middle ground: a position of compromise; a state of thinking where two opposing parties can discuss an issue politely and productively.
I grew up as a Middle Child. When I tell people that I’m a M.C., I typically receive one of two responses: “Ohhh, you have issues…hahaha,” or “Let me buy you a drink.” While being a middle child definitely has its stereotypes, I realize now more than ever how my own experience as a middle child has undoubtedly shaped my adult relationships, at work and in love.
I was fortunate enough to grow up with four other members in my immediate family and when arguments occurred–as they inevitably did–I found myself teetering back and forth between mom and dad, sister and brother. ‘Who’s side should I take?’ (Never did I ask myself: ‘Do I have to take a side?’) For me, each situation represented a yin or a yang, a fight or a flight. While occasionally “caught in the middle,” I usually took a stand on one extreme side or the other.
In my adult life, I’ve noticed that those patterns continue to repeat themselves:
- I work hard (at my job/relationship) + I don’t receive the respect I think I deserve = I flee.
- I work hard (at my job/relationship) + I don’t receive the respect I think I deserve = I fight.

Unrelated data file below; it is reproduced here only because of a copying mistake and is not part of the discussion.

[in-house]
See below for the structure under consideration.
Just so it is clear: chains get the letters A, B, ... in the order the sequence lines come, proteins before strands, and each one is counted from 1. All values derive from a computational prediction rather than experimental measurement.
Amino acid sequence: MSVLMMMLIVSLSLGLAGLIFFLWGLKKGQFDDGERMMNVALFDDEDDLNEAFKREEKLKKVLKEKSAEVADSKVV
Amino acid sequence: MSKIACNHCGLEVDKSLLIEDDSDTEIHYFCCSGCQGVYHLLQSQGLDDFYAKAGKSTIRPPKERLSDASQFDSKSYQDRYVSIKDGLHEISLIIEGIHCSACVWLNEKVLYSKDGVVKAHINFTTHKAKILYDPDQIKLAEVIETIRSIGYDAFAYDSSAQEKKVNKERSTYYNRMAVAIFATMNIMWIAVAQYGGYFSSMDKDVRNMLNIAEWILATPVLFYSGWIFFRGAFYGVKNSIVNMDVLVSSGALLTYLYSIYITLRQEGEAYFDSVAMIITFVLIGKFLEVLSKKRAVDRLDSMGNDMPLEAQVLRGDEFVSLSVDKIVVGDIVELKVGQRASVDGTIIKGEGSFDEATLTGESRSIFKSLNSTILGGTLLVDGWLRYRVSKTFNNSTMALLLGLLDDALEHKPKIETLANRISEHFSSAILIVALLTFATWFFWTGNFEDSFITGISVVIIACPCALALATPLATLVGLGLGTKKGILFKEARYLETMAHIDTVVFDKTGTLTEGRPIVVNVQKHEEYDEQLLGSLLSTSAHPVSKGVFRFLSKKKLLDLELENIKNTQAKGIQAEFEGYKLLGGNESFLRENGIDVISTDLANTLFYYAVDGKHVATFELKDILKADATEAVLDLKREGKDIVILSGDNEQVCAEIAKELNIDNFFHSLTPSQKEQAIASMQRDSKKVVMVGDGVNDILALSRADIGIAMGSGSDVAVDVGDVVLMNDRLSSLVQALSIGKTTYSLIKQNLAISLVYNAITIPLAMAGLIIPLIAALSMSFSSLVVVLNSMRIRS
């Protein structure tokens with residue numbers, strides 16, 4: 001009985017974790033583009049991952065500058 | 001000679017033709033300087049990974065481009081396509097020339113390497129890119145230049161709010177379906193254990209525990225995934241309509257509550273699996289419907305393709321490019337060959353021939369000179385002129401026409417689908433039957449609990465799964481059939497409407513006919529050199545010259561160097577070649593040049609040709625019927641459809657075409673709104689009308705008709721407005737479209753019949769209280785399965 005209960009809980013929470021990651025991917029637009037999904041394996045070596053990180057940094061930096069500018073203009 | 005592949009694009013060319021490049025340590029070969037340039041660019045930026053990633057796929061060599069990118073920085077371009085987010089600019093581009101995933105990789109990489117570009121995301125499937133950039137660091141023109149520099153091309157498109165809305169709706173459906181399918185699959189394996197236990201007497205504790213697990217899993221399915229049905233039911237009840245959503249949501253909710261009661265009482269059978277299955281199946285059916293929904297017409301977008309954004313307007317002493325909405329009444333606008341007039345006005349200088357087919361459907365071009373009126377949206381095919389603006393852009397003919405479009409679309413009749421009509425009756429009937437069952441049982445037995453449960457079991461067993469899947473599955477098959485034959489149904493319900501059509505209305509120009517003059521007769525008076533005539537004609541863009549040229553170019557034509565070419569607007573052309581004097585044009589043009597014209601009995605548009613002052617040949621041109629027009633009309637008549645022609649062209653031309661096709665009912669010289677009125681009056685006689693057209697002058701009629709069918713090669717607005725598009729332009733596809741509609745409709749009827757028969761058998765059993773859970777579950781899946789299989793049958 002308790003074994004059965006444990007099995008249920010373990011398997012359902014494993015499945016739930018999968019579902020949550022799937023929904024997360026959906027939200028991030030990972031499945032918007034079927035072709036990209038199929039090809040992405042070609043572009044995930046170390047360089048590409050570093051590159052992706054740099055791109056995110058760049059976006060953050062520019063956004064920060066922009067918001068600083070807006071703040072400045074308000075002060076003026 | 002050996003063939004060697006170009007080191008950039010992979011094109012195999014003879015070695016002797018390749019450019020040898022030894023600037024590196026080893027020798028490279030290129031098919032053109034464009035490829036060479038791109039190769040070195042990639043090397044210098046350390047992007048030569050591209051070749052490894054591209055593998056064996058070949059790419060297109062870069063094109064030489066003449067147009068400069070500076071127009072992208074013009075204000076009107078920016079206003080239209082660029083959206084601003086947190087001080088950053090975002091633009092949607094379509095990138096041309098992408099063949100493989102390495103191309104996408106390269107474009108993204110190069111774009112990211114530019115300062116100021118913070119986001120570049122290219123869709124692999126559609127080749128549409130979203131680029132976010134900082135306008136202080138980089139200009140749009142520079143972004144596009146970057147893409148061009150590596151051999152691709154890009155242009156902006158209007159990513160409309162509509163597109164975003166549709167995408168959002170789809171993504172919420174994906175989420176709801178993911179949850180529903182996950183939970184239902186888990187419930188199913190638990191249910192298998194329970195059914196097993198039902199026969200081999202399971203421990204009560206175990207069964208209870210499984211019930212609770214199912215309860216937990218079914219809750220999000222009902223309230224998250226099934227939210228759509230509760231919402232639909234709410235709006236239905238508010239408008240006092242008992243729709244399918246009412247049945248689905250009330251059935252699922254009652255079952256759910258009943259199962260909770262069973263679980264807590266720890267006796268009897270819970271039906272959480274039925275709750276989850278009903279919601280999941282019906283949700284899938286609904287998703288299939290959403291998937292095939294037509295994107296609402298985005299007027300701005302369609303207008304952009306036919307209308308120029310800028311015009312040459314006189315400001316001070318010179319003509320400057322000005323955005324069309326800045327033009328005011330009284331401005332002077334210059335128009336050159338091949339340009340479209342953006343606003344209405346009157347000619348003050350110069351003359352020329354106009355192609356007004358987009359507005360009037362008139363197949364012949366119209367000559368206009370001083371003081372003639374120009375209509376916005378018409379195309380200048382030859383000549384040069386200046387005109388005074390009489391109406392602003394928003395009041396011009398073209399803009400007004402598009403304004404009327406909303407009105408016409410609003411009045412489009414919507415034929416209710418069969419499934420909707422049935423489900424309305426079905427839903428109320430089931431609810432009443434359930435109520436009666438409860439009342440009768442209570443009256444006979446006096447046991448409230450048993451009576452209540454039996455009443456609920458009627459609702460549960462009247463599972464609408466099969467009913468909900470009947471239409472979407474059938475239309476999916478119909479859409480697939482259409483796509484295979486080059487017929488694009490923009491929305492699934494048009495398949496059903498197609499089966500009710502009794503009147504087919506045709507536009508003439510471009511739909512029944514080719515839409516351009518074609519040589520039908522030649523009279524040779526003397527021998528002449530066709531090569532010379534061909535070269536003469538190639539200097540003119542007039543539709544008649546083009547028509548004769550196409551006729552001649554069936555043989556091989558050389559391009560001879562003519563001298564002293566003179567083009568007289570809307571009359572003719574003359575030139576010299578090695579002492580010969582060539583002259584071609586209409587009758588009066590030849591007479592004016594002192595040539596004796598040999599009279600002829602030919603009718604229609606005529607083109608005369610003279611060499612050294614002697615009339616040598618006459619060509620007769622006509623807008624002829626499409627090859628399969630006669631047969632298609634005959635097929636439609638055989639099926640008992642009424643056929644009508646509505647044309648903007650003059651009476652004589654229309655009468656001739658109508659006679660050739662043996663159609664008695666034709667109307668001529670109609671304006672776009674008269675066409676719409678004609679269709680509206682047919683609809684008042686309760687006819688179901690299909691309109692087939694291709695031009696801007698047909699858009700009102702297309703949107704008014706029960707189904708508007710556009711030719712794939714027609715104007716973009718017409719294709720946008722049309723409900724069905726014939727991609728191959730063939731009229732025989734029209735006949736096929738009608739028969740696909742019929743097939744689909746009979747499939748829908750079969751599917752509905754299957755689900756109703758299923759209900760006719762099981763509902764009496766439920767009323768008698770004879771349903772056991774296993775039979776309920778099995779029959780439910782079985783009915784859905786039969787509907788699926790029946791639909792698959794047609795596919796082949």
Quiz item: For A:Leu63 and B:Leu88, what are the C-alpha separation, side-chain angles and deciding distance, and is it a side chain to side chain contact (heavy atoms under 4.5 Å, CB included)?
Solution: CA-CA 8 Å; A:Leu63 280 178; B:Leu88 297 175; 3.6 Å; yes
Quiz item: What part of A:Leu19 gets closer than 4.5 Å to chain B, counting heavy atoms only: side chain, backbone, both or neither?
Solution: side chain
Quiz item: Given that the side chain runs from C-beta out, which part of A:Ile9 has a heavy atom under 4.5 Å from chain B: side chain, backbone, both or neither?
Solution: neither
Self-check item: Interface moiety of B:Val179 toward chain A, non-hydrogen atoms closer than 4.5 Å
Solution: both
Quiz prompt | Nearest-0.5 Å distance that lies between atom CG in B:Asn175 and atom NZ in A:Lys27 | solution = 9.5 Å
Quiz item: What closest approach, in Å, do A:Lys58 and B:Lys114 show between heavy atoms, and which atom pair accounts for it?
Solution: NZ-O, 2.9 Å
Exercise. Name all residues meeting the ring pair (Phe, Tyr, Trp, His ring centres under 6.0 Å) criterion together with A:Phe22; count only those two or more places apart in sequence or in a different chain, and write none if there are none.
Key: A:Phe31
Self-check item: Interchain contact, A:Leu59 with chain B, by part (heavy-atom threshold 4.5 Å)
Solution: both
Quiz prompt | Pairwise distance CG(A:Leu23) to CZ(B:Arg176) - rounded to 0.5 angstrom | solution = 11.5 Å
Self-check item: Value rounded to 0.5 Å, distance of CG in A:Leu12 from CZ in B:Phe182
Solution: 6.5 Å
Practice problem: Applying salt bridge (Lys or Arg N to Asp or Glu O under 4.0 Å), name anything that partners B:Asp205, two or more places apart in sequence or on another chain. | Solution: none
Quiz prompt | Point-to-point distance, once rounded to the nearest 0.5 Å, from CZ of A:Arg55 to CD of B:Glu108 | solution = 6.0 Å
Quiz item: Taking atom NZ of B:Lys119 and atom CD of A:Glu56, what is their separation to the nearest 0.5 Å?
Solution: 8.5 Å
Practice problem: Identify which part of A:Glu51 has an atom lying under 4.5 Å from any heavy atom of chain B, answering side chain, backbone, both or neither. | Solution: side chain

“Where is your middle ground?” a friend asked me yesterday. I didn’t quite know what she meant. What does it feel like not to flee or to fight? What does it feel like not to feel wildly exuberant and joyful one day and sad, angry, or resentful the next? What’s it like not to let outside circumstances determine those emotions for me?
More importantly, what’s it feel like to receive the respect I think I deserve?
Life’s pendulum will inevitably swing both ways in our lives, taking us from past to future, peace to chaos, love to hatred, and sadness to anger. What I’m beginning to learn (and re-learn) is that we can stop the swaying whenever we want to. We can focus on the middle ground. The present moment. We can realize that the perception of ourselves (and not the situation in which we find ourselves…be it our relationship or job) is actually determining the outcome of our well-being and success.
So go ahead and stand your ground. Start by taking care of yourself and demonstrate, by example, how others should take care of you.